“we are still monkeys”

I am so jealous of anyone who’s already done with Paula’s paper! And, I’m kinda….having fun (!) re-reading Mumford (1963) after Chris made more of it legible to me with his presentation yesterday. 🙂
I’m just over half done with the paper. I’m enjoying what I now see as a merger in Mumford of the material and the ideological, to … Read more...

shamanism

I’ve been thinking about this a lot lately. I’ve actually had a few wild perceptions of being potentially able to alter reality – especially time – (and no, I wasn’t under any influence), but they always seem … out of ken. Not real. But here I am reading Mattelart for Paula’s class, and he quotes McLuhan…
Participants and actors Read more...

gregariousness

And I’ve been on such good behavior!!!
I had a revelation about “normative” this evening. For me, norms are the things people actually do, which frequently doesn’t coincide (to varying degrees) with what people say they should do – their “rules.” Interpreting is my easiest example: people set up a communicative rule to take turns. But the … Read more...

public affairs

According to Lippmann, if other human beings’ behavior “crosses” mine, is “dependent” upon me, or is “interesting” to me, then that’s a rough definition of the boundaries of “public affairs” about which one may have “public opinions” (29).
Lippmann’s summary of reasons why people wind up with disparate pictures of events, issues, etc that require some kind of decision-making seems … Read more...

categorizing theorists

The general thrust of class discussion on Day 2 seemed to be toward identifying the traditions of
Dewey – Habermas
and
Heidegger – Derrida & Levinas.
I appreciated Paula’s mode of eliciting what we thought to build toward this knowledge rather than just telling us, but now I want to “just be told!” Does anyone have a sense of which … Read more...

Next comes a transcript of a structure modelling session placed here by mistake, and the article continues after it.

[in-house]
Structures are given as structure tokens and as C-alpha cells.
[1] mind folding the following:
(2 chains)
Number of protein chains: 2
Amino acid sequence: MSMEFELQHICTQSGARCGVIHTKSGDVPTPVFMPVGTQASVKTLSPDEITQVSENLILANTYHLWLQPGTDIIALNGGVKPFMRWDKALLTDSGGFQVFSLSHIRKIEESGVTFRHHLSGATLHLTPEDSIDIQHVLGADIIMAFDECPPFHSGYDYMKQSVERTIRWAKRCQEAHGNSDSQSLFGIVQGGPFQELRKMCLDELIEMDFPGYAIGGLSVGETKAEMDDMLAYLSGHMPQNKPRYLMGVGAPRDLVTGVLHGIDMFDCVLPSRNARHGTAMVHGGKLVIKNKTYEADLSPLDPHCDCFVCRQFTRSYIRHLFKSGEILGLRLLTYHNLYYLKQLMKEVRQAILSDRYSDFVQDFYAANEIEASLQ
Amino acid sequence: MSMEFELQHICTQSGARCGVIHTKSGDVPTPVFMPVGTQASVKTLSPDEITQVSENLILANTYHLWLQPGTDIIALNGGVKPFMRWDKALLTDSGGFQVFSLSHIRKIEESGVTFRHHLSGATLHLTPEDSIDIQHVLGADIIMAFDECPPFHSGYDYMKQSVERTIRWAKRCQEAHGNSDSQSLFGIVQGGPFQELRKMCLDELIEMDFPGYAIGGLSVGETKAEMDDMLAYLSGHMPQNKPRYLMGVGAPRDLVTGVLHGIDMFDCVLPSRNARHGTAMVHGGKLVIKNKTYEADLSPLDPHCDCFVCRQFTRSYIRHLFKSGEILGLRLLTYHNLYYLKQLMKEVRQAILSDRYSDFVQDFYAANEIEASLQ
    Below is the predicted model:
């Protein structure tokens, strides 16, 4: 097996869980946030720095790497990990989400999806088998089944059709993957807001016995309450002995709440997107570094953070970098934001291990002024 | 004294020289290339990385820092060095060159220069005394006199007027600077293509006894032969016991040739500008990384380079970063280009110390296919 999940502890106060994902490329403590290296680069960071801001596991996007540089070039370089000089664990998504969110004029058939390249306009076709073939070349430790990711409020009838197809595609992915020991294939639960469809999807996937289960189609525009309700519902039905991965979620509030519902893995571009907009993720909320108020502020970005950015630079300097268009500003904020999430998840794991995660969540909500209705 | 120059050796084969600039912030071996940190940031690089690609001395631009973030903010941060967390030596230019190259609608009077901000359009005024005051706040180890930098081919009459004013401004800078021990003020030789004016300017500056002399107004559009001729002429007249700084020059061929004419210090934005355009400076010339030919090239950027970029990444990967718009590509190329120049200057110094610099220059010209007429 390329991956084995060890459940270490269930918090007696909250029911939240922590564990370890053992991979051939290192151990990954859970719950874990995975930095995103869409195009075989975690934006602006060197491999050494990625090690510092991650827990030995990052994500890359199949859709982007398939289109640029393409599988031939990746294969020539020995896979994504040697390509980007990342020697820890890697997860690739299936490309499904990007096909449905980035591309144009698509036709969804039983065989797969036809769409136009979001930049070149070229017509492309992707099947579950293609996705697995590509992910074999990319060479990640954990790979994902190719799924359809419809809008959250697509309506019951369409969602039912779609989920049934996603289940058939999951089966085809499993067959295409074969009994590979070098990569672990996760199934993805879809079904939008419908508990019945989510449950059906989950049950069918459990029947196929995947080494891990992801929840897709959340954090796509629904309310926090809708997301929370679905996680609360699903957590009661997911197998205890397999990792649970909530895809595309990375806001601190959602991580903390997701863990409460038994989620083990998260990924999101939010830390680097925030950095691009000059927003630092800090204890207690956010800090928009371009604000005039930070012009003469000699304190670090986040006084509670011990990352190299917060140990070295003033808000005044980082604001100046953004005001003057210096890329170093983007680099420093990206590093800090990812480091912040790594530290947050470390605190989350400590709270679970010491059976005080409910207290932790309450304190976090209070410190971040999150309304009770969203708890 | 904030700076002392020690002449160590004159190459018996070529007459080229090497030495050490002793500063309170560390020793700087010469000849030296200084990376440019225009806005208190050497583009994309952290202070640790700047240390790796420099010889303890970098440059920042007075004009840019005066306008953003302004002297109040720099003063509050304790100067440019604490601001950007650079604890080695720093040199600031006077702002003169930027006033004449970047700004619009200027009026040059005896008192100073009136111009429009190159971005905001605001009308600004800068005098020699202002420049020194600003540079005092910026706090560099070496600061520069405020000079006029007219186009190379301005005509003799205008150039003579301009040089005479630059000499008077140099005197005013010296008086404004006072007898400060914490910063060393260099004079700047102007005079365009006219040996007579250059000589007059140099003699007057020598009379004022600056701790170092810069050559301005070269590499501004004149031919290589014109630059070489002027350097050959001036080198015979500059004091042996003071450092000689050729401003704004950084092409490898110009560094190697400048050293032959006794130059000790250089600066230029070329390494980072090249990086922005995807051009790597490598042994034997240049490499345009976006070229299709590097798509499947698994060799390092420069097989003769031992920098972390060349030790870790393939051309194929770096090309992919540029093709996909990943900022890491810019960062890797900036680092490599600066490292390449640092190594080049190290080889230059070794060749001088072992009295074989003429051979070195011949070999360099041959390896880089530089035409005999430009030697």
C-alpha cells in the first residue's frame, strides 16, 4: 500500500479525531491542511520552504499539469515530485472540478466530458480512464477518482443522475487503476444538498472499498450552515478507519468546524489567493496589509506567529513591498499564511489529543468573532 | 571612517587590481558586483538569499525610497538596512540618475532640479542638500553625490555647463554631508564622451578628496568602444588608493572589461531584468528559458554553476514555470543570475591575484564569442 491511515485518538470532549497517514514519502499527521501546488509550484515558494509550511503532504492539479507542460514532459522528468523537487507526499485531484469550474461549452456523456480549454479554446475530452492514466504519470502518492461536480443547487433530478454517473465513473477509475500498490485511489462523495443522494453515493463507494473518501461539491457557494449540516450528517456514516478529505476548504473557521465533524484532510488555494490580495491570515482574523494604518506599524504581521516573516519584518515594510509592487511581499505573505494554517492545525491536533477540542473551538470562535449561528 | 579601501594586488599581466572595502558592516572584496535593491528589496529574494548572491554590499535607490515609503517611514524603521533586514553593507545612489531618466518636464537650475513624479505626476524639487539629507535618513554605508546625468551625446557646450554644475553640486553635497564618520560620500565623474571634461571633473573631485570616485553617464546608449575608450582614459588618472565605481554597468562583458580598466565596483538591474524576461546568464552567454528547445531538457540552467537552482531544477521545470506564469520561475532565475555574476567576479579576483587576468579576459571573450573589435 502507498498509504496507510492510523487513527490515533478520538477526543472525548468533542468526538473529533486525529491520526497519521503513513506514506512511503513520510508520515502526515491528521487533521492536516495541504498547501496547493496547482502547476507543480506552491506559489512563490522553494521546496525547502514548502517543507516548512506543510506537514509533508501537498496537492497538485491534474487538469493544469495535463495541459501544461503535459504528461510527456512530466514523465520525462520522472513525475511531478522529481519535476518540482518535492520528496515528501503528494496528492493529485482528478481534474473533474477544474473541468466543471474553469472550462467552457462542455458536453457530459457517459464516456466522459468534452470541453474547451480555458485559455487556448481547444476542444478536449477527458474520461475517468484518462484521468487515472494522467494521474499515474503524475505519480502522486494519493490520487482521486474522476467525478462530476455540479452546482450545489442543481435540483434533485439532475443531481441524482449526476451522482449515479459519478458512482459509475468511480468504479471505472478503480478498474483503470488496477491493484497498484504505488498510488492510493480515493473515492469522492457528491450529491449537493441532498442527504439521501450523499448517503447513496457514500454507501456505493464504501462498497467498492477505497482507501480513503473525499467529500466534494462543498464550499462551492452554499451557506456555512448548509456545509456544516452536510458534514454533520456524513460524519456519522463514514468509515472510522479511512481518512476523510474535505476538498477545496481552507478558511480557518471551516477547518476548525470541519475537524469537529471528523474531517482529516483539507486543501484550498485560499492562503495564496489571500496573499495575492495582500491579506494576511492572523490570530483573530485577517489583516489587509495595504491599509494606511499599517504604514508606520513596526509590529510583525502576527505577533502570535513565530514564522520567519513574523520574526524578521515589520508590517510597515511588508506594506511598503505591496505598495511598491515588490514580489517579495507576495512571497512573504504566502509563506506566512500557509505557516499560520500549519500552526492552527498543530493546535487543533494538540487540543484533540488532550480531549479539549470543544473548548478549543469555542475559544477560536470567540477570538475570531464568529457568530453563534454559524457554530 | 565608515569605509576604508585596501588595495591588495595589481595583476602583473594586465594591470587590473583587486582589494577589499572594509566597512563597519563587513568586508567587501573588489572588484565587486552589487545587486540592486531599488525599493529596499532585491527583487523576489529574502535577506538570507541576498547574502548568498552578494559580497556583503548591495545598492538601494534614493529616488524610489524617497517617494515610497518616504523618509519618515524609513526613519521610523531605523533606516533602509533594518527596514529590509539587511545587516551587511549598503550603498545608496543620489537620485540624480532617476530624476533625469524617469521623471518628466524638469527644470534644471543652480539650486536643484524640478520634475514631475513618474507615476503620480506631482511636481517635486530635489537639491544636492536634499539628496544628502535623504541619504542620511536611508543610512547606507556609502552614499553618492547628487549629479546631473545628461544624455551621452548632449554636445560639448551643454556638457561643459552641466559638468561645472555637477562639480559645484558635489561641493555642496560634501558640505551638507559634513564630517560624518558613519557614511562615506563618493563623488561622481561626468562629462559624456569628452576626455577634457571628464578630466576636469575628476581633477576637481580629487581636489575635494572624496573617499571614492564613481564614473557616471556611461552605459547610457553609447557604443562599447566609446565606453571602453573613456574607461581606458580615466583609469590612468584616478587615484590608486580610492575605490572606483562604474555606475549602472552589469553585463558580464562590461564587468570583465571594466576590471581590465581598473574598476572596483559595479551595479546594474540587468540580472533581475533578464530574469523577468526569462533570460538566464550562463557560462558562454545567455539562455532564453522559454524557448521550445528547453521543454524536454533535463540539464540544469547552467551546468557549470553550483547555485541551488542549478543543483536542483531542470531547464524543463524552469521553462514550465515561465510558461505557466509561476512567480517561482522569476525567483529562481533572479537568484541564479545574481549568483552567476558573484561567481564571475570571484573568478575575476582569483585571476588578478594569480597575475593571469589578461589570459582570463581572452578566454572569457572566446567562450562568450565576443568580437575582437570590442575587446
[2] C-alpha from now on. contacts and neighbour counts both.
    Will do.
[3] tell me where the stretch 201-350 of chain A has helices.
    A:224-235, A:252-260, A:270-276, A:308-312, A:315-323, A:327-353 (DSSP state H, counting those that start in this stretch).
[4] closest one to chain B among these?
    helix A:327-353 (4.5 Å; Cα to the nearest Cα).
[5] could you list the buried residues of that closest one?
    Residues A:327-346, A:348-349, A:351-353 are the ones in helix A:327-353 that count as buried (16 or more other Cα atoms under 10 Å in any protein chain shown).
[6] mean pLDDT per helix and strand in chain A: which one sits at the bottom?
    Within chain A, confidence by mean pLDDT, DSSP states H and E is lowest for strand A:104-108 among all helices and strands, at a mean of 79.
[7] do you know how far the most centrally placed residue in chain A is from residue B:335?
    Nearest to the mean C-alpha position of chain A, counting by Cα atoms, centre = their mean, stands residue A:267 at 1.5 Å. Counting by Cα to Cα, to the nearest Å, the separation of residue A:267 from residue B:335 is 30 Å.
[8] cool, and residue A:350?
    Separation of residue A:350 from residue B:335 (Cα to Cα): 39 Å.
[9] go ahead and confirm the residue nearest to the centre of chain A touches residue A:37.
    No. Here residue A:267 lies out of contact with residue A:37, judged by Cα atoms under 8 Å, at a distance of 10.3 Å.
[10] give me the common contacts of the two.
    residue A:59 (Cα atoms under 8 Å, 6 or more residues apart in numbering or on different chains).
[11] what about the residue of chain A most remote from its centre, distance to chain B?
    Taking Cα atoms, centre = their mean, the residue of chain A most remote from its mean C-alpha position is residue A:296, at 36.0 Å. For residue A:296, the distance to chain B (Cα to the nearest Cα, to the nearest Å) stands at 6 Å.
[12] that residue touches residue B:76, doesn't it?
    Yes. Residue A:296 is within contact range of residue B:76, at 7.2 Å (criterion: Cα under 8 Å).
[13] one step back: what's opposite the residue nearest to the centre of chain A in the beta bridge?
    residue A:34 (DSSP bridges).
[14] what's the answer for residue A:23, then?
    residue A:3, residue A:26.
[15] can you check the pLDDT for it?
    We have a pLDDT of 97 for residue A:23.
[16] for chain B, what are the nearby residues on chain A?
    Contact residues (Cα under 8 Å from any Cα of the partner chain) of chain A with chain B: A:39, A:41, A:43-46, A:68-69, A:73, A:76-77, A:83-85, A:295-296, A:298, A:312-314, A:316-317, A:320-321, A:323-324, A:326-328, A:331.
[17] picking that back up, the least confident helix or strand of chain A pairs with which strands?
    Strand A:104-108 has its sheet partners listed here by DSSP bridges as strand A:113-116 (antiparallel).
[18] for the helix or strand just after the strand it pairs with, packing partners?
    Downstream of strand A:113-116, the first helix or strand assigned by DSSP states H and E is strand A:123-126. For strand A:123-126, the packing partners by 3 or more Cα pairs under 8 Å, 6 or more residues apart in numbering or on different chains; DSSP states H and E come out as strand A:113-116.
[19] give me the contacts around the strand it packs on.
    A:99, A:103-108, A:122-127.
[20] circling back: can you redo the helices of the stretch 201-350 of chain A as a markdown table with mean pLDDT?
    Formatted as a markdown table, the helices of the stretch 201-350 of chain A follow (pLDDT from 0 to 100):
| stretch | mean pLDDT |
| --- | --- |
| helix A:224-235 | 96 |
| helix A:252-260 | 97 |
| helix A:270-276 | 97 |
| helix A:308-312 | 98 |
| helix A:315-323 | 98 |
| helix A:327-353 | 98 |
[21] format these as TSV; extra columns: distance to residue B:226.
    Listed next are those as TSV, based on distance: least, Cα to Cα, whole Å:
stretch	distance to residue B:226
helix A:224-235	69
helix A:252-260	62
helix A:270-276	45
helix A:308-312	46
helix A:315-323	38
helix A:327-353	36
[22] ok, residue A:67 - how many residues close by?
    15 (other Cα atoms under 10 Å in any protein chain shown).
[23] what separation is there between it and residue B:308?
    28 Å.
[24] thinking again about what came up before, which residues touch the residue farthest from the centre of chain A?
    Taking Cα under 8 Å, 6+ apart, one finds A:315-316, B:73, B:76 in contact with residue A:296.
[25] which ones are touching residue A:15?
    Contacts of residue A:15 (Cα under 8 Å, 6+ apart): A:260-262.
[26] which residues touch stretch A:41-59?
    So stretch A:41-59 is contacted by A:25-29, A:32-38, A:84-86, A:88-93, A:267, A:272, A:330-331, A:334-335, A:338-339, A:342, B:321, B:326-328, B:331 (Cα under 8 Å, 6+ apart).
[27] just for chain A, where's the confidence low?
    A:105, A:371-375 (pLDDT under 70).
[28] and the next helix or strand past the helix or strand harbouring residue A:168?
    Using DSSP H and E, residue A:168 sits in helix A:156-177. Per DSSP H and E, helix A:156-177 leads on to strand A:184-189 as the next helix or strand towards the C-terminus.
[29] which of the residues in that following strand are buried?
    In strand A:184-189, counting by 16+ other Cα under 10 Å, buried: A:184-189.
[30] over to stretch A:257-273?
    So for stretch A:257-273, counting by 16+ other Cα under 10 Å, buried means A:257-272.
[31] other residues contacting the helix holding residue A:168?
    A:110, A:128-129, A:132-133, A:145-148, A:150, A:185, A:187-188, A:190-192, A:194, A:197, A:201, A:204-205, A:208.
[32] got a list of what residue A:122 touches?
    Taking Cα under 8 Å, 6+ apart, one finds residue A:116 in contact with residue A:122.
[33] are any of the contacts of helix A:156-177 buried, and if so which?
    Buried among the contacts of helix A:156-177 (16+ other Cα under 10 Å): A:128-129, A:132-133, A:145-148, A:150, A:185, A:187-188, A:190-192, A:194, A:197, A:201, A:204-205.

Lenin v. Nadiejhdine & Kritchevski

OK, so history repeats itself, right? This is what I thought reading the last section of Mattelart’s chapter 2 (p. 48-52). How to reach a wider public than those I already have regular contact with? Newspapers, serial stories, and feuilletons were used to do it in the mid-19th century, blogs may be one of the 21st’s equivalents. I have to … Read more...

emergence of technical networks

I’m thinking, only on p. 30, that it makes sense to me why so many intellectuals commit suicide. The quote by historian Douglass McKie suggests a hands-off policy from government toward business until business goes bad, when a moral discourse is invoked. The blatancy of fear-based policy decisions in the relations between nations is no less today than it … Read more...

Wittgenstein’s fly-bottle

Aha! A reference for something I’ve been struggling to explain: “logical confusions we find ourselves trapped within (like flies in a fly bottle).
If I’d read this about three years ago maybe I’d not have dug myself in so deep! No doubt the “therapeutic discourse” runs through and out of me.
Before I get on with that though, I … Read more...

the first night

I missed it! Off to a great start! 🙂 Rumor has it, though, that Paula was warm and friendly (counter to scuttlebutt about a certain degree of inaccessibility).
Our Aussie colleague missed it too – I didn’t hear from her yesterday, so I hope that means she’s en route. Does anyone know?
I know several of you said “hello” to … Read more...